The headlines informed us of the cold blooded and calculated murder of Rav Eitam and Na’ama Henkin zt”l who were killed as their four children sat in the back seat of the vehicle. There are no words of consolation I can offer to the orphans.

We must at least attempt to appreciate what we had and what we lost and where we go from here. The Henkin family of which Rav Eitam was a proud member (see his erudite Torah blog at: – thanks to R’ Micah Berger for the source) is well known in the Torah world.

R’ Eitam’s great-grandfather, Rabbi Yosef Eliyahu Henkin (1881-1973), was one of the prominent poskim in America (along with Rav Moshe Feinstein zt”l) from the time of his arrival in America in 1922 until his death in 1973. R’ Eitam’s father is Rabbi Yehuda Herzl Henkin (born 1945) who is author of the responsa Benei Vanim and an Orthodox posek who lives in Yerushalayim.

The family has been serving Klal Yisroel as Rabbonim and Torah teachers for many, many years and the loss of R’ Eitam who continued the family tradition is certainly a blow to all Torah Jews. When I was younger, I recall the name of Rav Henkin being quoted many times for halachik opinions, especially with regard to the laws of Eruvin.

I once asked one of my Rebbeim, “How was it that Rav Henkin, who came from Klimavichy, Belarus, (then in the Russian Empire), a shtetl with not more than a few thousand Jews, was able to become a world authority on Eruvin especially dealing with New York City, one the biggest cities in the world?”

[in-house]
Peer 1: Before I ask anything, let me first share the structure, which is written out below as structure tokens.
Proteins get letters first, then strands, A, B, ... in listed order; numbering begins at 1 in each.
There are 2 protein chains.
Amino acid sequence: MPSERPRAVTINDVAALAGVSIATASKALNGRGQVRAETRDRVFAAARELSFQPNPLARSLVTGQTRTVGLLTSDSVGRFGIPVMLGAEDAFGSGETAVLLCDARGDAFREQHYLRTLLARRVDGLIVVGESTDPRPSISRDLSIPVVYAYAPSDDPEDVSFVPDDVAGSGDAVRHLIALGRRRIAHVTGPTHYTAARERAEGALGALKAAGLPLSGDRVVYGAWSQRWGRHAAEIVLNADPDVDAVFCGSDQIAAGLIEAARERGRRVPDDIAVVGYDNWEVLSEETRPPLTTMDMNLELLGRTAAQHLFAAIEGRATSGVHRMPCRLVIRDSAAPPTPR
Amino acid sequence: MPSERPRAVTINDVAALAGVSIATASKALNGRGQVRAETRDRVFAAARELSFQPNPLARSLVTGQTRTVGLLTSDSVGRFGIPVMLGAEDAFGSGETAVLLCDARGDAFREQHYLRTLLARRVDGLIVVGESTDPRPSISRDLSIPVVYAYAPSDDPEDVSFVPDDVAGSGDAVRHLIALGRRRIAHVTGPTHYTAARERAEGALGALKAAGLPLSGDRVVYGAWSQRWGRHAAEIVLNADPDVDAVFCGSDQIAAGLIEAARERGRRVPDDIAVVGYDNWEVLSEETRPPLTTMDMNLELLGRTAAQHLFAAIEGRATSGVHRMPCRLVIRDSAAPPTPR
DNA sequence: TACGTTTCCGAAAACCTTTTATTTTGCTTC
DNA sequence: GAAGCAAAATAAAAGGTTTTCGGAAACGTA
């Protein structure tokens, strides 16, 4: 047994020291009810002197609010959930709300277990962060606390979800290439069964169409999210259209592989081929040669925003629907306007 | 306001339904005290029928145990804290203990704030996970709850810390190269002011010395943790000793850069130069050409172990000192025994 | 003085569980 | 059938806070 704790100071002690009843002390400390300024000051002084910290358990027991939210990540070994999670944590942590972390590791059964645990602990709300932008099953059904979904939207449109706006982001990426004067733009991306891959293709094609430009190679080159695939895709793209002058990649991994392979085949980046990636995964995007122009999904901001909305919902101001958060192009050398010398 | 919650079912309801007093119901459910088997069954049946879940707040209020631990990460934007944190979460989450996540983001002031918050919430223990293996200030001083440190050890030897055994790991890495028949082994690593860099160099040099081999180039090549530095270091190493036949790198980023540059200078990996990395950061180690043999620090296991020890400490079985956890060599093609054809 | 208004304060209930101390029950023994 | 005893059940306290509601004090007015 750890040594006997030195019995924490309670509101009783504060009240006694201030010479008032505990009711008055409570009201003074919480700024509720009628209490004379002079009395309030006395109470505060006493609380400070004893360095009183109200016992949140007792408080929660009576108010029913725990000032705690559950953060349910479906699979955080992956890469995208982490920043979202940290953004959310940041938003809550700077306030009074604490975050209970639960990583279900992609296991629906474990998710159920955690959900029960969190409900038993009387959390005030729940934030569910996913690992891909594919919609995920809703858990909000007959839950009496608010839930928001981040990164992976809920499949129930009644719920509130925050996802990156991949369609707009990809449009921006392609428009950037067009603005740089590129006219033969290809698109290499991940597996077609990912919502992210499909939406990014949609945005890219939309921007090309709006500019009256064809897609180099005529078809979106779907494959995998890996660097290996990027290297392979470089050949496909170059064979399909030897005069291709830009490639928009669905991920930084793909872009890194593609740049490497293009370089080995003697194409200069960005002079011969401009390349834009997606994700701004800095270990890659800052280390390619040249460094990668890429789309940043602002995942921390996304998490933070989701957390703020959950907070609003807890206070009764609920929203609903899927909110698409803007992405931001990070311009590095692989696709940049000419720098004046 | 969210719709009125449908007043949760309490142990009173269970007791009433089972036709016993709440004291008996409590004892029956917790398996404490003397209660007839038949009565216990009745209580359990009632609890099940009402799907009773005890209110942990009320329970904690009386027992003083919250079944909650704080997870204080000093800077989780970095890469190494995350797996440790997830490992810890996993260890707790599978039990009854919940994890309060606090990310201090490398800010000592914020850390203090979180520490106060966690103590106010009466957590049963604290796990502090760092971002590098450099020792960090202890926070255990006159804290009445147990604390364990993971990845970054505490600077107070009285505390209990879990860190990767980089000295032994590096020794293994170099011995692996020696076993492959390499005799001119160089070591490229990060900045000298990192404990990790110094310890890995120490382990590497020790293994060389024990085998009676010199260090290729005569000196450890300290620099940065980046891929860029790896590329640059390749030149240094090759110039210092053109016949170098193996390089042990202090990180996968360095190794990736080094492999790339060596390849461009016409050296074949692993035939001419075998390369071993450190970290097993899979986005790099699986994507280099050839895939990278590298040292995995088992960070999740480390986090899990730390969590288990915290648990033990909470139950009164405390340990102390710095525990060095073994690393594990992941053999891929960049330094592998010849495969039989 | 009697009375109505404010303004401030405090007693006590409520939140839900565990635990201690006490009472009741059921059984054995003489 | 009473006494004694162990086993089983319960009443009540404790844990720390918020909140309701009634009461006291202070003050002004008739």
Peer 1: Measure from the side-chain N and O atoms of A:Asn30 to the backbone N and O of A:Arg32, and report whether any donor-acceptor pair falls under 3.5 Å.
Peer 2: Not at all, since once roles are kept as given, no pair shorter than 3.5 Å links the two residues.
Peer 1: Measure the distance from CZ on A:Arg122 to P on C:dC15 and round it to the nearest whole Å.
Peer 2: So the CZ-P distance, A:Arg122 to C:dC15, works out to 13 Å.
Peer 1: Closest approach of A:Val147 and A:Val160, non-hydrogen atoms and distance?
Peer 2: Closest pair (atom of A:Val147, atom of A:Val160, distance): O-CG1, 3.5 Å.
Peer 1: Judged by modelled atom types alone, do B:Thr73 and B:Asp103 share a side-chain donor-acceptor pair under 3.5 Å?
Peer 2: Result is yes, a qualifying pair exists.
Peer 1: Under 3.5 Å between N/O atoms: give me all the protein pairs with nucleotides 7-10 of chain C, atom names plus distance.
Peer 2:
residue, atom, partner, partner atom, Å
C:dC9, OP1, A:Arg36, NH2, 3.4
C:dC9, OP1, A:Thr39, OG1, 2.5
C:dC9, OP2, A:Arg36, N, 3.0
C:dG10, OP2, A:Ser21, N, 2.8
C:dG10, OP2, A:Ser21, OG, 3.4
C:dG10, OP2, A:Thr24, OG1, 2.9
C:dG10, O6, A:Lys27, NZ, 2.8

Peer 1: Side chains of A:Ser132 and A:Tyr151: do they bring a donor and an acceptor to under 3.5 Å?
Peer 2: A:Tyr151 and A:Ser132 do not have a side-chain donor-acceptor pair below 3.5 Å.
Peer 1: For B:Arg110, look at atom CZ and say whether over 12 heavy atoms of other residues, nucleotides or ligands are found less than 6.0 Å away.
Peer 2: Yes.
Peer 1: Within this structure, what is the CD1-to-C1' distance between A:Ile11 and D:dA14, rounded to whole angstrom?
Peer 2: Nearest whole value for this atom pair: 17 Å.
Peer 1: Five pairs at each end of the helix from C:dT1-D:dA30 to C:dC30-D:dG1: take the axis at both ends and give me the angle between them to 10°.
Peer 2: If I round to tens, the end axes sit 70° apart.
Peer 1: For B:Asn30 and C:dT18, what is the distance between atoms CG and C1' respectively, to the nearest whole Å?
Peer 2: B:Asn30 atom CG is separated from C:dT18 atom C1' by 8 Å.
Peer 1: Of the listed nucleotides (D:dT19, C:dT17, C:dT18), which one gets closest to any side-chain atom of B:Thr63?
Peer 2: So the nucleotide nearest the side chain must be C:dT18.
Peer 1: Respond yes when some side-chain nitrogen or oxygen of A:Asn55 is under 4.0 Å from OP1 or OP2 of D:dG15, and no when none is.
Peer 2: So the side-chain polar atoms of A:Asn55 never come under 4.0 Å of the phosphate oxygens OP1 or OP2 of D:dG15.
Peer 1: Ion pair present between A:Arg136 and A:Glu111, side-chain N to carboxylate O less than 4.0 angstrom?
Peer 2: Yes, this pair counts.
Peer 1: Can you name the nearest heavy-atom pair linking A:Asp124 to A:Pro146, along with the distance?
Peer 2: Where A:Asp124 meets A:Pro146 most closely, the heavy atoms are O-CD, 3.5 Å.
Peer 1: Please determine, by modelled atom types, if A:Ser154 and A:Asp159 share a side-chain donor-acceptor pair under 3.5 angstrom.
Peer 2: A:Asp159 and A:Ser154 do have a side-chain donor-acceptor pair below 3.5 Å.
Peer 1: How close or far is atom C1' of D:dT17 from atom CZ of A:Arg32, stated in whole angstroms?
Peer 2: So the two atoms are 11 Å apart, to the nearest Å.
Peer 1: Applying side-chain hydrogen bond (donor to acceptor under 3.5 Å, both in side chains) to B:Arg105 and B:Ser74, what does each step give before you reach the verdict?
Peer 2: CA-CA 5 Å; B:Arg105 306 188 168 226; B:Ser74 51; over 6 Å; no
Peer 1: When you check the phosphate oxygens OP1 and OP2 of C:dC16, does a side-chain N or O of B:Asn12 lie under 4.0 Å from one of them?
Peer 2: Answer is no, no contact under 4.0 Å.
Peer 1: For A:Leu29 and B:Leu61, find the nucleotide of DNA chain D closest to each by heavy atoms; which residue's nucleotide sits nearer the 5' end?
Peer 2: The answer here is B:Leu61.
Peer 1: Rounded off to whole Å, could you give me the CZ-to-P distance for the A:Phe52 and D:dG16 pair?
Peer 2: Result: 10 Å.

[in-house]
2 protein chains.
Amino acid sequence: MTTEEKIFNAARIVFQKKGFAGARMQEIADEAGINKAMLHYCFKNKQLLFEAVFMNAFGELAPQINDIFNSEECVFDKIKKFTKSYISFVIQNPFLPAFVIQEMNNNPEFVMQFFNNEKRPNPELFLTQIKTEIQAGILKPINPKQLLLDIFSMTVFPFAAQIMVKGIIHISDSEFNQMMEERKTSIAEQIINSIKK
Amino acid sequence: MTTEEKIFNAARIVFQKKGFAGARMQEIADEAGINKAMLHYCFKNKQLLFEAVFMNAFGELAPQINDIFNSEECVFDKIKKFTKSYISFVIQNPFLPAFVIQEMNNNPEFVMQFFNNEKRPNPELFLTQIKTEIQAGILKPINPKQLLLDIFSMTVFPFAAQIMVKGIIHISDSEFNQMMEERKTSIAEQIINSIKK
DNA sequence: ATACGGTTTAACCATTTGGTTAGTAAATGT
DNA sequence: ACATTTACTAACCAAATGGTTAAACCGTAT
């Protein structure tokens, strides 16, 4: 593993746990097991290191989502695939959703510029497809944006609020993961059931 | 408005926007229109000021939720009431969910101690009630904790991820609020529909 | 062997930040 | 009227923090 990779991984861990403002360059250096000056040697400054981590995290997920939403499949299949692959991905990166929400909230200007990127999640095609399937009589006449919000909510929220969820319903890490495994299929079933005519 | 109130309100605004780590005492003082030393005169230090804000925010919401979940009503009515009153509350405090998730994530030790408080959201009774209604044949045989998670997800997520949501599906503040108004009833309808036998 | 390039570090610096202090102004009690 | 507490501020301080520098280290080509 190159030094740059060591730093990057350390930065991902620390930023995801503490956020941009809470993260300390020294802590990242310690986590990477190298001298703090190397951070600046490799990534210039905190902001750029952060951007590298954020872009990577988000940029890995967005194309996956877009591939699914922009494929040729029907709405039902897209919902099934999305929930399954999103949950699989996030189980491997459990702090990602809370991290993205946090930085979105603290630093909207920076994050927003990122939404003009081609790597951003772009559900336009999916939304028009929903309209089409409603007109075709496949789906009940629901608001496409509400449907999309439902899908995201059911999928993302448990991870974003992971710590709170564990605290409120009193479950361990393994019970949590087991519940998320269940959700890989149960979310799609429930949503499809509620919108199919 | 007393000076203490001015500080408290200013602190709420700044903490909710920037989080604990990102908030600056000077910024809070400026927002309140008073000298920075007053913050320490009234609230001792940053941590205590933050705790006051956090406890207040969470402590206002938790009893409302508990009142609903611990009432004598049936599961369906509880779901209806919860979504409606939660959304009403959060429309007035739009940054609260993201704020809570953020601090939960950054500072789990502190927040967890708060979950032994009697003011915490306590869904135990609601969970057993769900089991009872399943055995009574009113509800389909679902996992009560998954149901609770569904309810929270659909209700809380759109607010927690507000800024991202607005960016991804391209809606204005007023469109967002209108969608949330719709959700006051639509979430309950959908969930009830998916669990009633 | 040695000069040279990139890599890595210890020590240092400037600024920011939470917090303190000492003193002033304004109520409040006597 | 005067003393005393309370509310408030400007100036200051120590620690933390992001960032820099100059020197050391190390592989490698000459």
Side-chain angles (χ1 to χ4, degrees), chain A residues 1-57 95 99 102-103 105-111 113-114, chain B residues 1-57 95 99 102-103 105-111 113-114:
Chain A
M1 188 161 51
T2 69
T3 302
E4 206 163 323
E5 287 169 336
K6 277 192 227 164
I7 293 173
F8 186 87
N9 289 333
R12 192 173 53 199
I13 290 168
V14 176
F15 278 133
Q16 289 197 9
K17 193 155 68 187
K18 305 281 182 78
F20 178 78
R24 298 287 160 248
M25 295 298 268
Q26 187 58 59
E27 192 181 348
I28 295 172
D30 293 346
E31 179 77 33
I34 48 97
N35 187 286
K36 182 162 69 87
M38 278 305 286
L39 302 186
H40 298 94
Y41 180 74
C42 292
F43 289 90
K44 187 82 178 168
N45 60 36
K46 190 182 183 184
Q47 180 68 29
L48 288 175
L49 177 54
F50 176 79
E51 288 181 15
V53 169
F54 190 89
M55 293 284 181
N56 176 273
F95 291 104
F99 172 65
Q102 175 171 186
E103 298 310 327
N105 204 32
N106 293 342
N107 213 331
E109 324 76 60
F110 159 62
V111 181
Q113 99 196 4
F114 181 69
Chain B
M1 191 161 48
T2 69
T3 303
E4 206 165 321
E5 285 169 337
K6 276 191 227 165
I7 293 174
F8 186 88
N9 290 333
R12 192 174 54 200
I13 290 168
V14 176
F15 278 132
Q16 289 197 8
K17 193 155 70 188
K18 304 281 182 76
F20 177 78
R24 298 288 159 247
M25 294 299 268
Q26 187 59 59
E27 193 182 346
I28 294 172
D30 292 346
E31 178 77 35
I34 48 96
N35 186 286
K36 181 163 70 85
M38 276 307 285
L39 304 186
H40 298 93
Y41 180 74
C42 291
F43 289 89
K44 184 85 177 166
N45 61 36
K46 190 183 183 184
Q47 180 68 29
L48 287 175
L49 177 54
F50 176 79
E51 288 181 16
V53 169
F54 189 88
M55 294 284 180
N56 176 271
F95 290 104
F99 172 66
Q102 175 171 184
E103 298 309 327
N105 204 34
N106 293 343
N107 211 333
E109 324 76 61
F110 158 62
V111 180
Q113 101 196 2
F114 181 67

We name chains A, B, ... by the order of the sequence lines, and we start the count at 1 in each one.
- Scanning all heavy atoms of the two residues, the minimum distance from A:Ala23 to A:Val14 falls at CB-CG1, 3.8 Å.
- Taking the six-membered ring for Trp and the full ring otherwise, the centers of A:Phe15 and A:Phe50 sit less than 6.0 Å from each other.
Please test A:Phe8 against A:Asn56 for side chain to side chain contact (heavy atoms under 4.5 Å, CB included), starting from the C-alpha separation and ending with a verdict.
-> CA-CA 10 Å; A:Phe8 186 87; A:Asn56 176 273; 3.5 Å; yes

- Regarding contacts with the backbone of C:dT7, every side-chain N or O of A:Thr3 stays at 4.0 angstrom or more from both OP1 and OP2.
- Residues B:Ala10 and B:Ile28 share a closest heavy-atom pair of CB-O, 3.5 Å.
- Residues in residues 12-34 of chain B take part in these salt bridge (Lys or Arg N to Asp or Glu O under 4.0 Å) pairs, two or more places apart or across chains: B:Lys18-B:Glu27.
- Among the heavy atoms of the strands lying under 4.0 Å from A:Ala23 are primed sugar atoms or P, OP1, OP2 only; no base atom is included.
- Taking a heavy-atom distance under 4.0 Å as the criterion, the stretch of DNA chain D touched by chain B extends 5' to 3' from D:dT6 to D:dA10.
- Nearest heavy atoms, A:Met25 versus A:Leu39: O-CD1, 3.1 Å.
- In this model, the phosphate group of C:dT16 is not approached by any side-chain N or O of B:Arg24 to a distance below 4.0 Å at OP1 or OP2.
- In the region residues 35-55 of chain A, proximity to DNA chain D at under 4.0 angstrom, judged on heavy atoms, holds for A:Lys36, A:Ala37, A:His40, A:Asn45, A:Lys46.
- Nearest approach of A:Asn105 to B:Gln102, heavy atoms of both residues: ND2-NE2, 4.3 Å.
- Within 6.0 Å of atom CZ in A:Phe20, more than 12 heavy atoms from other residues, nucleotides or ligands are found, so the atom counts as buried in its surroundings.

My Rebbe told me that Rav Henkin was once on his was to study at the Slutzker Yeshiva headed by Rav Isser Zalman Meltzer zt”l; however, he was delayed in his journey because of lack of funds and he was forced to remain in a tiny shtetl for almost a year. During that year he slept in the local shul and took meals wherever and whenever he could find them.

The shul did not even have a complete Shas, just a few Masechtas which were worn and the pages were ripped and tattered. Except for Masechta Eruvin; because of the difficulty of the Masechta, Eruvin was almost in pristine condition and there was never even any competition for it.

Rav Henkin decided to make the best of his difficult and disappointing sojourn in the tiny shtetl and in the 12 month period he was there, he studied Masechta Eruvin 16 times until he knew it by heart with all the commentaries.
Only half a century later when he would find himself in what was then the largest Jewish community in the world, would he realize how critical and important it was that he was ‘stranded’ for those 12 months in the little shul. What initially was seen as an ‘unfortunate event’ was eventually an extremely fortunate and positive part of his life.


I cannot tell you that in our lives we will be able to realize the ‘positive’ aspect of the chilling and horrific murder of Rav Eitam Henkin Hy”d and his wife Hy”d, however, I can tell you that somewhere and someway there is a plan and there is a Planner.

Here’s a link to The Nishmat Memorial Fund for The Henkin Parents.




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